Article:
UPDATE: Cleanup underway a day after powerful storms pound Northeast

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NEW YORK (AP) — The Latest on the aftermath of powerful storms that pounded areas of the Northeast (all times local):

Storm damage in New Fairfield, CT, Photo Date: 5/15/18 -- Photo: Bob Picciano / Twitter

1 p.m.

Gov. Dannel P. Malloy says the powerful storms that swept through Connecticut caused extensive damage, and power won't likely be restored to some locations for days.

Malloy surveyed damage Wednesday in several towns, including Brookfield, where about 85 percent of the nearly 8,400 homes and businesses are without power.

National Weather Service officials are trying to confirm whether any tornadoes touched down.

Tuesday's storms knocked down scores of trees and utility wires and were blamed for two deaths and more than 120,000 power outages in the state. About 88,500 outages remained Wednesday afternoon.

Authorities said a 41-year-old woman died in New Fairfield when a tree struck her vehicle. Her 3-year-old child was not injured. Officials said a man was killed in Danbury when a tree fell on his truck.

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12:45 p.m.

Gov. Andrew Cuomo says two people are dead and about 157,000 power outages are reported following the ferocious wind, rain and hail storm that bore down on New York's lower Hudson Valley.

Cuomo said Wednesday that falling trees in Newburgh claimed the lives of an 11-year-old girl in a parked car and a woman who was driving.

The National Weather Service is investigating whether any tornadoes occurred Tuesday. Central Hudson Gas & Electric Corp. reported 78 mph wind gusts and about 1,000 lighting strikes per hour.

Thousands of utility workers were working feverishly to restore power. Putnam County grappled with 144 closed roads.

Cuomo, a Democrat, said there could be federal assistance, depending on the extent of the damage.

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11:15 a.m.

The National Weather Service says powerful thunderstorms created a small weather generated tsunami off the New Jersey coast.

Known as a meteotsunami, it resulted in fluctuating water levels for several hours Tuesday. But there were no reports of damage from the event.

The abnormally high tides were reported in areas from Perth Amboy in New Jersey to Delaware's Fenwick Island.

Officials say meteotsunamis are driven by air-pressure disturbances often associated with fast-moving weather events, such as severe thunderstorms, squalls, and other storm fronts. Most meteotsunamis are too small to notice.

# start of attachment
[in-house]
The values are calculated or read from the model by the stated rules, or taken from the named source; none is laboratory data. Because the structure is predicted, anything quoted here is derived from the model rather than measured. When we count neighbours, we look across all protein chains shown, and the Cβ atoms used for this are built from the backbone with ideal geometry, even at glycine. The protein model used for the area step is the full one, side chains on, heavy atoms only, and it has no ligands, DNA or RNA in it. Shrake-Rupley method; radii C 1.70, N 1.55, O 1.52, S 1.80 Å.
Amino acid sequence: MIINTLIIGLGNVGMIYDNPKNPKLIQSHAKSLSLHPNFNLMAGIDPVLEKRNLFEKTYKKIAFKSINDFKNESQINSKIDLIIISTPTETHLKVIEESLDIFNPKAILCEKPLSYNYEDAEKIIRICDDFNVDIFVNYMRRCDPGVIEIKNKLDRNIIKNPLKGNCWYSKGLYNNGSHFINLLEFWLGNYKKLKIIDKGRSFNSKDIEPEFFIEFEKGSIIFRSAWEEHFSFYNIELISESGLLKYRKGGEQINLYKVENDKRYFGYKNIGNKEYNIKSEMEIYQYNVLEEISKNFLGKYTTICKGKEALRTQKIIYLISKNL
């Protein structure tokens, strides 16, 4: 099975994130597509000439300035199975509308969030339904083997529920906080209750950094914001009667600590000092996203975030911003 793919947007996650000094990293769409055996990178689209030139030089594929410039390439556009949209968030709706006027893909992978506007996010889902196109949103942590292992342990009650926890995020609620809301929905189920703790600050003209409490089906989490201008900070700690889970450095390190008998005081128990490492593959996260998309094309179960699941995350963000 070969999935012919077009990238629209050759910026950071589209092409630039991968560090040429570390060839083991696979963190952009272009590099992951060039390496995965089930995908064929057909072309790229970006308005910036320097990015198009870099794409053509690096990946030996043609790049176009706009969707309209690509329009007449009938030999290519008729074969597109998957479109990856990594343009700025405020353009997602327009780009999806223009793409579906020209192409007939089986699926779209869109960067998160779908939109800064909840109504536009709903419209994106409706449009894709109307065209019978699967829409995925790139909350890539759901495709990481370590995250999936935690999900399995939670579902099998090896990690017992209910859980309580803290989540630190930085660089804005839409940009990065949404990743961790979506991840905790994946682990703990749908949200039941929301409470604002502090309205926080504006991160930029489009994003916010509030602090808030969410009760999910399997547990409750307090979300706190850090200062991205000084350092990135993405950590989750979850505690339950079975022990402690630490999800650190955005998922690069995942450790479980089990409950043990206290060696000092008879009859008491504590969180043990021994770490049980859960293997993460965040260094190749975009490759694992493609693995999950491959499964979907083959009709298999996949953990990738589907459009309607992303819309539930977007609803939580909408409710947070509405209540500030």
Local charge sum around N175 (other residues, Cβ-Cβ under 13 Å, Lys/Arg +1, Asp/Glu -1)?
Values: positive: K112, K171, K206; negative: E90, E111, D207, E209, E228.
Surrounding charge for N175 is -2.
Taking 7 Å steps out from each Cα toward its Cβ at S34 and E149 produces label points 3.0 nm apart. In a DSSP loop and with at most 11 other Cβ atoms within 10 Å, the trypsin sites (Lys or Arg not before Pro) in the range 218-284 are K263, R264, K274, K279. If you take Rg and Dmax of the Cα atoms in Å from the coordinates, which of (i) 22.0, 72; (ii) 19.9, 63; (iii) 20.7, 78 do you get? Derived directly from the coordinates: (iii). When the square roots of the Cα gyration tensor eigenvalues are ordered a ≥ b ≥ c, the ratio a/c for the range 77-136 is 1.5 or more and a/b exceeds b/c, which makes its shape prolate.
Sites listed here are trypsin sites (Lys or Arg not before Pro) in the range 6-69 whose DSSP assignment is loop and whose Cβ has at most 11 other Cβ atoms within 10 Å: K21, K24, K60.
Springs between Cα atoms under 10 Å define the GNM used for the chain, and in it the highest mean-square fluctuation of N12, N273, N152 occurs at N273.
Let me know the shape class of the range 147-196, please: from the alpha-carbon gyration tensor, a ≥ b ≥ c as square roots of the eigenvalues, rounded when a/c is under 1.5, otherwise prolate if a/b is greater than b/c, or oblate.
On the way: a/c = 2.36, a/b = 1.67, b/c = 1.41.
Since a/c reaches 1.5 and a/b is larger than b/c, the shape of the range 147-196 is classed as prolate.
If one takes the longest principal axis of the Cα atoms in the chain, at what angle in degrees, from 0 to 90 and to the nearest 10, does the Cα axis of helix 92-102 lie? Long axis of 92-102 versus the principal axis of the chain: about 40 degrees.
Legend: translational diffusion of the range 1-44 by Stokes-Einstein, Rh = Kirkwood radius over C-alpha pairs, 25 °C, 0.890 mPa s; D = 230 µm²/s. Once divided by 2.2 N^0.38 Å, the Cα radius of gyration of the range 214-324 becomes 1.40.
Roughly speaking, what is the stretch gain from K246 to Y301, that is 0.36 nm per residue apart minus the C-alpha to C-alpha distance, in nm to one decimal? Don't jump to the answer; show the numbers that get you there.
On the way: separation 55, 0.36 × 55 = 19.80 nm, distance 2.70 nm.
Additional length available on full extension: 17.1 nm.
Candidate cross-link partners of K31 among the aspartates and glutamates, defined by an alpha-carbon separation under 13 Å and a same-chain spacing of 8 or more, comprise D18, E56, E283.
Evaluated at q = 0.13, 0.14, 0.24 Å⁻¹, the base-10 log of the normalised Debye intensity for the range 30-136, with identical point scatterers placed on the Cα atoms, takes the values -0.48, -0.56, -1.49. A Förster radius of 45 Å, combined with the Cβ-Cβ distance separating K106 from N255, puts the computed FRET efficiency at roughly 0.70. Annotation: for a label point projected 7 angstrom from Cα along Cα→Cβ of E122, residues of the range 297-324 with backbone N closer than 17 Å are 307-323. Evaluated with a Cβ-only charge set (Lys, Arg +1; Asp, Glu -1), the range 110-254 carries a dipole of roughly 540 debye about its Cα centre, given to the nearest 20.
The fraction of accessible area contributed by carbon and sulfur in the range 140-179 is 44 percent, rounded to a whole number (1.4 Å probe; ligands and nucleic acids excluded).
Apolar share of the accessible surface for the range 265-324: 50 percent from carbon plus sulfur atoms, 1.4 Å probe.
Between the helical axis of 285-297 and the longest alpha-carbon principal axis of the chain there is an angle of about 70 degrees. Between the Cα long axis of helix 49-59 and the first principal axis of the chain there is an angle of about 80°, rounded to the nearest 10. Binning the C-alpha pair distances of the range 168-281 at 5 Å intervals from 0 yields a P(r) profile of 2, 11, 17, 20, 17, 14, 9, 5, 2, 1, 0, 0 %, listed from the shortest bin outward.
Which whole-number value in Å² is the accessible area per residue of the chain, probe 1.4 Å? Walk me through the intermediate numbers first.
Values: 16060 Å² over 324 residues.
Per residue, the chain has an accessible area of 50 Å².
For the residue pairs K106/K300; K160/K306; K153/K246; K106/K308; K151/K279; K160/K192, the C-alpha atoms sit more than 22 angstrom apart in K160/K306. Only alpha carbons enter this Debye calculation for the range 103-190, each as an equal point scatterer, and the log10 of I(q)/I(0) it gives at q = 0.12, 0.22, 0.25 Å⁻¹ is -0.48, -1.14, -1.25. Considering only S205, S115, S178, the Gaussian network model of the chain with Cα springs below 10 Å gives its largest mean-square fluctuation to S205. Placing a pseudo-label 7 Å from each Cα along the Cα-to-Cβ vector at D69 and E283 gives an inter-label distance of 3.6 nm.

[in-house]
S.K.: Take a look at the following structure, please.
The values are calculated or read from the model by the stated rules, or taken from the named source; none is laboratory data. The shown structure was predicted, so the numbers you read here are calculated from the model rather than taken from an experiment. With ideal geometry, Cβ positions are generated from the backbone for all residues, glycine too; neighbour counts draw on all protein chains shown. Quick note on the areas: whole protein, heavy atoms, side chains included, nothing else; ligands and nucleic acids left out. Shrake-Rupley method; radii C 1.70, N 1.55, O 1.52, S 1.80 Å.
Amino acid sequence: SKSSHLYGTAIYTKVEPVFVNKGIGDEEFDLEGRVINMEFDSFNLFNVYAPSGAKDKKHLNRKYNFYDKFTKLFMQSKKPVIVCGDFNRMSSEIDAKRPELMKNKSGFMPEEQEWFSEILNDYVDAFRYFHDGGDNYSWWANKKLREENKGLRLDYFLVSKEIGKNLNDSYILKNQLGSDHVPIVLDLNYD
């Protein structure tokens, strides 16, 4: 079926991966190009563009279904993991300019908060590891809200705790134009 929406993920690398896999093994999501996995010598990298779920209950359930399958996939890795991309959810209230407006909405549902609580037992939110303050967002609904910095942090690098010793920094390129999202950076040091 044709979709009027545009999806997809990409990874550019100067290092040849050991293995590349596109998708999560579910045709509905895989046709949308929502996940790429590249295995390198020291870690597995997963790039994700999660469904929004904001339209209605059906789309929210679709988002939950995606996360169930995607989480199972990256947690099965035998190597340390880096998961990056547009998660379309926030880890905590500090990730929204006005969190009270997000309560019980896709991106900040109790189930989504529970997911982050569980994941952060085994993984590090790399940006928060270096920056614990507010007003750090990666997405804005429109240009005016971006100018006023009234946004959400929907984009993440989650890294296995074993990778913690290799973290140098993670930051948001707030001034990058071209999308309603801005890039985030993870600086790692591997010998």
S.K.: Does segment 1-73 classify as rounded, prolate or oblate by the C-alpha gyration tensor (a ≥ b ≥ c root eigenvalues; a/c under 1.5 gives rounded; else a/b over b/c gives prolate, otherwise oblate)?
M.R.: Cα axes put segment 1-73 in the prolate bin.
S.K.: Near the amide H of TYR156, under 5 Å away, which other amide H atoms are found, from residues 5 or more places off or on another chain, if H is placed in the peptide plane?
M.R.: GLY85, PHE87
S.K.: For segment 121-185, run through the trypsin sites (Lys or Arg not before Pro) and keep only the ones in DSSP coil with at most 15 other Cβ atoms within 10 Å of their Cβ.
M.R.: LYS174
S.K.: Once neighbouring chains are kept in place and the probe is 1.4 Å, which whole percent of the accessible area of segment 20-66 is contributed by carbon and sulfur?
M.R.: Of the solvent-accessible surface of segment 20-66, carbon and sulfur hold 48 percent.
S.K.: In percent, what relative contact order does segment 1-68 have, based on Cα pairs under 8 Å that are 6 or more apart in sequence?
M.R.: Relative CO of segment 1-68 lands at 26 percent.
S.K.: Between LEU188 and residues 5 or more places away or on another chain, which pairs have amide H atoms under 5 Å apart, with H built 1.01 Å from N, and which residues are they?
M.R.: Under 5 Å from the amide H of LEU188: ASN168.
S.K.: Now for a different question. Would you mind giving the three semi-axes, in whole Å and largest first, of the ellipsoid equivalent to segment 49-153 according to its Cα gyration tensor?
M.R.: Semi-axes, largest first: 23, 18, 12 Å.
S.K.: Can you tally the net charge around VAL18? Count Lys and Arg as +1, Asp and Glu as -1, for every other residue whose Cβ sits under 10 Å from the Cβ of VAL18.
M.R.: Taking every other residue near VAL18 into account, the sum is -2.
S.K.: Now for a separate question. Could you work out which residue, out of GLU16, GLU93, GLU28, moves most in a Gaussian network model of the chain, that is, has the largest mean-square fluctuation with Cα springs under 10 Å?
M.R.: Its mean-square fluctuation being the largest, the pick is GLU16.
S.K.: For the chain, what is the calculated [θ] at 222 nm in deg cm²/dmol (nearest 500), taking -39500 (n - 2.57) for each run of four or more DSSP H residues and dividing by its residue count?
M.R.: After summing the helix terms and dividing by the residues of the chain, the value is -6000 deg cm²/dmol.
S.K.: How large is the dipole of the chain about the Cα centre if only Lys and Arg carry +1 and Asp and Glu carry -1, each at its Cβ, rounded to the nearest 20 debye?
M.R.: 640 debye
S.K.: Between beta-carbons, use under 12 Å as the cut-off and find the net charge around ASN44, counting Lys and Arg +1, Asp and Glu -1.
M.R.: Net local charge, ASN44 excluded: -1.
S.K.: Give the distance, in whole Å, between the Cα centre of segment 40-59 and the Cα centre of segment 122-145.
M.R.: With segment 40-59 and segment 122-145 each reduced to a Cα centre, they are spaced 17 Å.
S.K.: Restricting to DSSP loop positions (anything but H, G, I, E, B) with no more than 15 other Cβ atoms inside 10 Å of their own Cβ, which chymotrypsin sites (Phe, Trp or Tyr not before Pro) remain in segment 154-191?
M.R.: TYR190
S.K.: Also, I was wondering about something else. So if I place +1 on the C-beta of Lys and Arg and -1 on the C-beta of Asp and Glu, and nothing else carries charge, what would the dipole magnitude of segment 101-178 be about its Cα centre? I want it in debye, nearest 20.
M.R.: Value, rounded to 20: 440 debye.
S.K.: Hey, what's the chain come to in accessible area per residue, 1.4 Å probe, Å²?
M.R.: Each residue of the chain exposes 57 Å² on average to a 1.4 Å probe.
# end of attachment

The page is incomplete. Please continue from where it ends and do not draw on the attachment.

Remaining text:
Residents in the Northeast cleaned up Wednesday, a day after powerful storms pounded the region with torrential rain and marble-sized hail, leaving at least four people dead and more than 200,000 homes and businesses without power.

Connecticut officials said two people in New Fairfield and Danbury were killed Tuesday in separate accidents when trees fell on their trucks, including a woman whose 3-year-old child escaped injury. In New York, falling trees in Newburgh claimed the lives of an 11-year-old girl in a parked car and a woman who was driving.

More than 157,000 utility customers in New York were without power midday Wednesday. In Connecticut, the state's two major utilities reported 90,000 without electricity, most in the western part of the state. An official said it could take days to get the power back on.

The storms downed trees and power lines across the region. Several lightning strikes led to structure fires in New Jersey and Massachusetts. New York's Central Hudson Gas & Electric Corp. reported 78 mph wind gusts on Tuesday and about 1,000 lighting strikes per hour.

The National Weather Service said the strong thunderstorms created a small weather-generated tsunami off the New Jersey coast. Known as a meteotsnuami, it resulted in fluctuating water levels for several hours. But there were no reports of damage from the abnormally high tides reported in areas from Perth Amboy in New Jersey to Delaware's Fenwick Island.

Roads in many towns were impassible and some schools canceled classes on Wednesday due to the damage.

Airlines also canceled and delayed flights in and out of the region.

In New York City on Tuesday evening, thousands of commuters were stranded in Grand Central Terminal after rail lines were temporarily suspended due to downed trees on the tracks. Concourses were packed with passengers waiting for service to resume.